As mentioned in our initial post, before you start scraping away, it’s important to test your ceiling for asbestos. Homes built prior to 1980 potentially contain this dangerous substance in the ceiling, which could be a hazard to your health if inhaled. You can easily scrape off a section and send the sample by mail to an asbestos testing lab for a small fee. If asbestos is present, it will be necessary to hire a company that specializes in removing materials containing the substance rather than trying to do it yourself!
Our recent clients in Grand Prairie, Texas, had a lovely home built in 1999. The kitchen wasn’t in terrible shape, but the clients knew it was time to refresh the look and also make some modifications to improve functionality. Luckily, the size and layout were great, so not much needed to be done structurally to the existing footprint.
A very popular trend in kitchen design right now is two-tone cabinetry: when the upper cabinets and lower cabinets are different colors or stains. Our clients loved this idea and shared some inspiration photos showing a mixture of stained wood cabinets, white paint, and dark countertops. They also loved the high-end look of glass front accent cabinets, open shelving, and shaker-style cabinet doors.
One of the top requests we get from our clients – whether they are remodeling their current home or have recently moved into an older house – is to have the popcorn ceilings removed.
These textured ceilings, also known as popcorn ceilings, acoustic ceilings or even cottage cheese ceilings, were very popular in the 1970s and ’80s as a quick and easy way to hide imperfections. Unfortunately, this texture can be very difficult to match if you have cracks or holes in need of patching. The uneven surface also catches more dust, allows for cobwebs, and really makes a home’s interior look stale and dated. These reasons alone are enough to make a homeowner opt for removing the texture! This is why we include popcorn ceiling removal in just about every home remodeling project we complete.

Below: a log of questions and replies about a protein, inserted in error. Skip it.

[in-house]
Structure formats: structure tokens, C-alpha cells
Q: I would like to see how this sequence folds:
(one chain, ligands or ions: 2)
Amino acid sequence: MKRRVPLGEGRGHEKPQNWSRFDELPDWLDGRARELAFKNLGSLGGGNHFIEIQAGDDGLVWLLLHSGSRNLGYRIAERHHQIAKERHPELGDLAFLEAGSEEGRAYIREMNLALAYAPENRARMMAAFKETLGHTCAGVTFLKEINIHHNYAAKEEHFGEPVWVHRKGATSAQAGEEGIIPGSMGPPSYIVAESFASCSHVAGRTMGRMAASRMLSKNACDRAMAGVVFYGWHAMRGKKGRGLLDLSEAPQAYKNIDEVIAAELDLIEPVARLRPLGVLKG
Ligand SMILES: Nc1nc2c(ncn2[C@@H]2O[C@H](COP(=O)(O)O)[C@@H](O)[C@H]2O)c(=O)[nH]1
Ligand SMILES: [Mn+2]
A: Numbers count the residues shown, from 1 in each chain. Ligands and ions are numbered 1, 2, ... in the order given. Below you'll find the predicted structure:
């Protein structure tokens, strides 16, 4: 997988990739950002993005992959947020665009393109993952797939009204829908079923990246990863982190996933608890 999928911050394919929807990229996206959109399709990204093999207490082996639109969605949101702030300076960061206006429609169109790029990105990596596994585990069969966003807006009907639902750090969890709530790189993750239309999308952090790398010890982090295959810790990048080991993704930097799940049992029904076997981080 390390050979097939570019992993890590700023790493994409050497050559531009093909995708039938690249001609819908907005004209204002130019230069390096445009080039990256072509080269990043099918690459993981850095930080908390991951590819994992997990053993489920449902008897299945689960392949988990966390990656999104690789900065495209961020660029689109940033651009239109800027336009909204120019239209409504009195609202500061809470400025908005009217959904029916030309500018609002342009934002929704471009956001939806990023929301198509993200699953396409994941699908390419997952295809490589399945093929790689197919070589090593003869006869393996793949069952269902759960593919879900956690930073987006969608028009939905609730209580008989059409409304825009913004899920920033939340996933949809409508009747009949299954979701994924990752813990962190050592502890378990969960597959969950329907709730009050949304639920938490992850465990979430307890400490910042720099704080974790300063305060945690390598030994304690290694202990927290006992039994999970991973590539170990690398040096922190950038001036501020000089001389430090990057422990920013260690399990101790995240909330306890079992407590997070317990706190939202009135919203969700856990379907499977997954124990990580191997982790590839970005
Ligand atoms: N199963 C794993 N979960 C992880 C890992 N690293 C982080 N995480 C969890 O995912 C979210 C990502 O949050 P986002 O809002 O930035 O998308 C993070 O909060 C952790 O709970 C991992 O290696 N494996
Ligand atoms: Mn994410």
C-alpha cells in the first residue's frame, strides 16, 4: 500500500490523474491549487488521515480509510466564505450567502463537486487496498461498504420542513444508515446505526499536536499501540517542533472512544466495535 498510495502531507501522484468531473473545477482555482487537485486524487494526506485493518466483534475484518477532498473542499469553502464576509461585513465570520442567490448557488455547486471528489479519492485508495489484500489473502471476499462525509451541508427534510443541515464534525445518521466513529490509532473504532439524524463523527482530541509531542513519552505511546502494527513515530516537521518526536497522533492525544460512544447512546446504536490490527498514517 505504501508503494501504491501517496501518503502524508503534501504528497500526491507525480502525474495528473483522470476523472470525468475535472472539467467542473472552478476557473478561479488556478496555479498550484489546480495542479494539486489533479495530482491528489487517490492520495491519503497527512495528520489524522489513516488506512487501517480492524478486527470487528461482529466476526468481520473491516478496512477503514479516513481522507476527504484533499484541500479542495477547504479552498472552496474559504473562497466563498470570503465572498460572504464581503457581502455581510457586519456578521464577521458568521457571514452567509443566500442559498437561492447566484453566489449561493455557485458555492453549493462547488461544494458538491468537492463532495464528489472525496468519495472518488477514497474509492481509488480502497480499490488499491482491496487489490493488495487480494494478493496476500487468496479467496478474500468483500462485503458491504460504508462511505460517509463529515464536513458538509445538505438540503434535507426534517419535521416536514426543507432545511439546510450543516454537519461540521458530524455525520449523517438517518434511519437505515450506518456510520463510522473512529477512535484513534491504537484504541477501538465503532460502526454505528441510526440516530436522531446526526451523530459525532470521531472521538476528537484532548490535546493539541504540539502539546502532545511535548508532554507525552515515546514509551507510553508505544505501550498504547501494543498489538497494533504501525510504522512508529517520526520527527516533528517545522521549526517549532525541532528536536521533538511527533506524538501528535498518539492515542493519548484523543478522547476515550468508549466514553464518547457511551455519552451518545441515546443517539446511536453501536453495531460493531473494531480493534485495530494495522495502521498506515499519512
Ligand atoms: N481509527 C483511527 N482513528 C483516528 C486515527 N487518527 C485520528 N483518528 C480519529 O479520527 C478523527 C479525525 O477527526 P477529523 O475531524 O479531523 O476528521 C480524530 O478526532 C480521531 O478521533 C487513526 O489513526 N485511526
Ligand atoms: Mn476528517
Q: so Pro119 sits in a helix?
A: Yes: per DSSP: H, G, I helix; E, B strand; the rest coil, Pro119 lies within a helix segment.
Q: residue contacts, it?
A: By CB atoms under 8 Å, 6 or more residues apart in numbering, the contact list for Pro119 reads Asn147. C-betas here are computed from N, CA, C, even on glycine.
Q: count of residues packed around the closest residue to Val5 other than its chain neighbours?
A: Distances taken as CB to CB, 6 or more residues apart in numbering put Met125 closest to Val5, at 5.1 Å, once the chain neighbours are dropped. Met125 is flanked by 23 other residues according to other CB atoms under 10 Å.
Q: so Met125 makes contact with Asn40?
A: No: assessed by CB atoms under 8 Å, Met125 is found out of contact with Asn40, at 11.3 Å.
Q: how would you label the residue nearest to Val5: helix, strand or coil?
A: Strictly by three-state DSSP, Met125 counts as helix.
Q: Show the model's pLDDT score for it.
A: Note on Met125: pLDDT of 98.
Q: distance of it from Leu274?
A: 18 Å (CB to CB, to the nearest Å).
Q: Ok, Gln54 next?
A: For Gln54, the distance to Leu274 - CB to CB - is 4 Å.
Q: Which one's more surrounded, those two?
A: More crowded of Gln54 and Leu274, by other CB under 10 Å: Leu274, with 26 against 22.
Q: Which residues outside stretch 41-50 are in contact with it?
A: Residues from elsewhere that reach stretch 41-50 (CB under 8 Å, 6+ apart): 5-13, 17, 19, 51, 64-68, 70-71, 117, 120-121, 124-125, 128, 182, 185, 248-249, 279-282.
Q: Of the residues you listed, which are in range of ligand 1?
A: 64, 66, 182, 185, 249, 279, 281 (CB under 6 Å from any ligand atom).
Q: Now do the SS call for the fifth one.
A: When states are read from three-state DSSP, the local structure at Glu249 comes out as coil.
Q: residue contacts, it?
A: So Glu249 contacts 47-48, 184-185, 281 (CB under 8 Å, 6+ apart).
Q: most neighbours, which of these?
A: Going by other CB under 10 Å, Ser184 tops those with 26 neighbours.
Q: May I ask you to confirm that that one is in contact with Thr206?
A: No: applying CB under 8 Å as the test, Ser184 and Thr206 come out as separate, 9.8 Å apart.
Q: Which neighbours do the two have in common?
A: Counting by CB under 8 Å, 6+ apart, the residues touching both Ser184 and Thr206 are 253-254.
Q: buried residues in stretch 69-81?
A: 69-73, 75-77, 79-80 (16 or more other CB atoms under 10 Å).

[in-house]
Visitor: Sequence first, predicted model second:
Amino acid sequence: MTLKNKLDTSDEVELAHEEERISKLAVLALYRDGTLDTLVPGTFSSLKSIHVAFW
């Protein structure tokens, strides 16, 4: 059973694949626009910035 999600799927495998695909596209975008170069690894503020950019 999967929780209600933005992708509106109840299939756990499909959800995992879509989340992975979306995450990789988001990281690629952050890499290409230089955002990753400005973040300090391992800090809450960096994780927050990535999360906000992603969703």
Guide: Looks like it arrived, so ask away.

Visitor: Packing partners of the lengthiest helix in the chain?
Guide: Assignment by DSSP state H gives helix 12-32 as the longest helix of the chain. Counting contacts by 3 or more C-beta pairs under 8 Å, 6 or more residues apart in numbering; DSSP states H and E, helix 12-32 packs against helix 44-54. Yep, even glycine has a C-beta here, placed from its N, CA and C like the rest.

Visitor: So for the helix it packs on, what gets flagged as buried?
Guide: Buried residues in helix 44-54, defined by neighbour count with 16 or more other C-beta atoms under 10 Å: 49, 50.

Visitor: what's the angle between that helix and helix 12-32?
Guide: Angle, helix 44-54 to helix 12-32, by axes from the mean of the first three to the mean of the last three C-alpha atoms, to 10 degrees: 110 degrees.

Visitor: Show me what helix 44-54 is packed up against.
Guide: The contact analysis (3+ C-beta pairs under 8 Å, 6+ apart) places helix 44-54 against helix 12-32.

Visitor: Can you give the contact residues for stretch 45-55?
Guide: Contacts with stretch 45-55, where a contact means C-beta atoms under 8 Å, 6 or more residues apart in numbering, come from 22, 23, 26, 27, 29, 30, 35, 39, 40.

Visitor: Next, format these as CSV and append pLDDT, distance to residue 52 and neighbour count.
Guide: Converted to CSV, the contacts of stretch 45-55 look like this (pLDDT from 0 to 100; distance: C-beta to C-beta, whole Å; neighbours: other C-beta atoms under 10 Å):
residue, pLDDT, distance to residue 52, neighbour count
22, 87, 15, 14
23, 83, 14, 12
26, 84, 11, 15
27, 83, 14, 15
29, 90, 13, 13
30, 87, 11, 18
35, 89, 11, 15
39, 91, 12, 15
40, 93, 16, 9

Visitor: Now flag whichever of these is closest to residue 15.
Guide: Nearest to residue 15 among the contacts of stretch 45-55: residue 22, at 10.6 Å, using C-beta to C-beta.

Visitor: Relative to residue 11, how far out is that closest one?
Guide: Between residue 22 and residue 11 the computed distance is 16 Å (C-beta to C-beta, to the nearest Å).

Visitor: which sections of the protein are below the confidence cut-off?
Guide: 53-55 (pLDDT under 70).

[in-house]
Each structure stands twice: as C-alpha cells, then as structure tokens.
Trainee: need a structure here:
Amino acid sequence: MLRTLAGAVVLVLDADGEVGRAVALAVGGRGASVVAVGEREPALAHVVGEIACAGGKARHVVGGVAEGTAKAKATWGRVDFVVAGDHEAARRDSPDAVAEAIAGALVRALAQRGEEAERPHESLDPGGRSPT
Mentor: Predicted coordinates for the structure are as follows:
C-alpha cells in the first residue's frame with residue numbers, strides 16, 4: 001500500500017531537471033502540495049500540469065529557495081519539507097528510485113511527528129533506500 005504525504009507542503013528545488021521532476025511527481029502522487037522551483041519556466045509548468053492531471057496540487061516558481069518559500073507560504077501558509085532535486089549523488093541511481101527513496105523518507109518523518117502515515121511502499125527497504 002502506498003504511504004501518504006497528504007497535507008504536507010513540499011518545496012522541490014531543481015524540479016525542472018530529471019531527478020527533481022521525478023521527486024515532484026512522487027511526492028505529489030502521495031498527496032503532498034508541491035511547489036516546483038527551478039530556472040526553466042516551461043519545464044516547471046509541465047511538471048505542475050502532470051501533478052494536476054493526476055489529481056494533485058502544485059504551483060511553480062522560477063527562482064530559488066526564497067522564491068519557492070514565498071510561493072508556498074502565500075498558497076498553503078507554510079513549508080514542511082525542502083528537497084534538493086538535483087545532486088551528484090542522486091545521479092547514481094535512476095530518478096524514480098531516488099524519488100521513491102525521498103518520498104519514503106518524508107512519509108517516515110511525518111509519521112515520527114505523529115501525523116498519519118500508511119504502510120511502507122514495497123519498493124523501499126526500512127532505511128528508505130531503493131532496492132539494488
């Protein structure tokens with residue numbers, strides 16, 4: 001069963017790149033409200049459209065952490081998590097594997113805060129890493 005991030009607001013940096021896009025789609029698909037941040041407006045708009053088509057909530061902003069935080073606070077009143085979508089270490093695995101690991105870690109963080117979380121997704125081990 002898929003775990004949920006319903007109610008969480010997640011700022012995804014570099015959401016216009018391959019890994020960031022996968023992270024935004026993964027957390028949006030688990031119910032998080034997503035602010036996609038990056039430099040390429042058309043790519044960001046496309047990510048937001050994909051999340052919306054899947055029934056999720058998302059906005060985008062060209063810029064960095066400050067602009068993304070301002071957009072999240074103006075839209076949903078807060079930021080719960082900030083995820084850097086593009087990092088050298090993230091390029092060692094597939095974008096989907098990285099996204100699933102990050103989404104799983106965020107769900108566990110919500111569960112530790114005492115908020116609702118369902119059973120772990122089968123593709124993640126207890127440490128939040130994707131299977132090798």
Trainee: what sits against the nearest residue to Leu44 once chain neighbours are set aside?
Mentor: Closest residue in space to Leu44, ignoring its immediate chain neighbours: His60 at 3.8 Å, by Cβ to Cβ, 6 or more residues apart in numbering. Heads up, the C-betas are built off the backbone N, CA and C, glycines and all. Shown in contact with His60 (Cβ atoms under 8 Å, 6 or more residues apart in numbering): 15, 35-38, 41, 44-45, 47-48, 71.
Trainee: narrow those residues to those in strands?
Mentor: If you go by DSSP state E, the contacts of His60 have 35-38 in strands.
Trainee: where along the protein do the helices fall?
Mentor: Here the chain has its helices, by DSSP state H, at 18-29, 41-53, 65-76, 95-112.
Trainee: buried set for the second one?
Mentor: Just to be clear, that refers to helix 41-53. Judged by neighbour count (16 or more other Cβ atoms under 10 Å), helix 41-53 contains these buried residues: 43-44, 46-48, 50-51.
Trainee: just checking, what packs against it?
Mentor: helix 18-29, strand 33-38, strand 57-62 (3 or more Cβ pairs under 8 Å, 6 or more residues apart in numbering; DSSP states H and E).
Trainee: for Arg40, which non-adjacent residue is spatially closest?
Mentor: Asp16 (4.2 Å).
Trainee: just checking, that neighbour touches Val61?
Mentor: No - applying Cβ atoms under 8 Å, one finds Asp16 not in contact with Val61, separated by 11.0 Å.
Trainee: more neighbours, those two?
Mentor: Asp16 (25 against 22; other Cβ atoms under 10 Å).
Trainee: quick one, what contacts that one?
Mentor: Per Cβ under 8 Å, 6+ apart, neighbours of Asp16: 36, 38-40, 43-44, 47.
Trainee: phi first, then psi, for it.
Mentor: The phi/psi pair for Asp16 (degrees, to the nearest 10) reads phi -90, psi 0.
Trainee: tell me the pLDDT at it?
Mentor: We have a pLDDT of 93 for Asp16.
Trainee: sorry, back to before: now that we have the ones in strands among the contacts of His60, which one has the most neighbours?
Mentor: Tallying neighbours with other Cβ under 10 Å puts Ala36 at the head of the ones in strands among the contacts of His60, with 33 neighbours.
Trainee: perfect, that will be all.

Your home’s exterior siding isn’t just for aesthetic purposes; it’s your home’s first defense against the harsh elements. Maintaining and eventually replacing your siding is an important task if you want to keep your home in good condition and prevent issues like water damage, mold, wood rot, and energy inefficiency. If left unaddressed, these issues can get out of control and become very costly to repair. This is why it’s so important to know your options when replacing your home’s siding and use the material that will be best for your home long-term.
Our recent client in Colleyville, TX knew she wanted a glamorous master suite, complete with a full bath, double vanity, and walk-in closet. The only limitations for her project were the lot line and the pool in the backyard. With this in mind, the idea was to make the addition more linear along the back of the house; the bedroom leading to the large bathroom, and then the closet at the end. This layout allowed the client plenty of space for all the features on her wish list and fit within the allotted construction area.
The term “full-gut kitchen remodel” tends to make people think of an expansive, high-end kitchen with all the bells and whistles – where surrounding walls have been knocked out to create an open floor plan, the luxury countertops are never-ending, and the shiny, new appliances are massive in size, all contributing to a show-stopping completed project. While there’s absolutely nothing wrong with the idea of an over-the-top large kitchen remodel, only a small fraction of our clients actually have this experience. Every project is different when it comes to the size of the kitchen, it’s starting condition, the client’s aspirations for the space, and of course, the budget. More often than not, the kitchen remodels we complete are done in small or medium-sized kitchens where the clients are trying to update the aesthetic, but also make the most of the existing space. Sometimes, due to the structure of the home and other limitations, it’s simply not realistic to remove walls or install large appliances. However, just because you have a small kitchen doesn’t mean it can’t be remodeled into the beautiful kitchen of your dreams!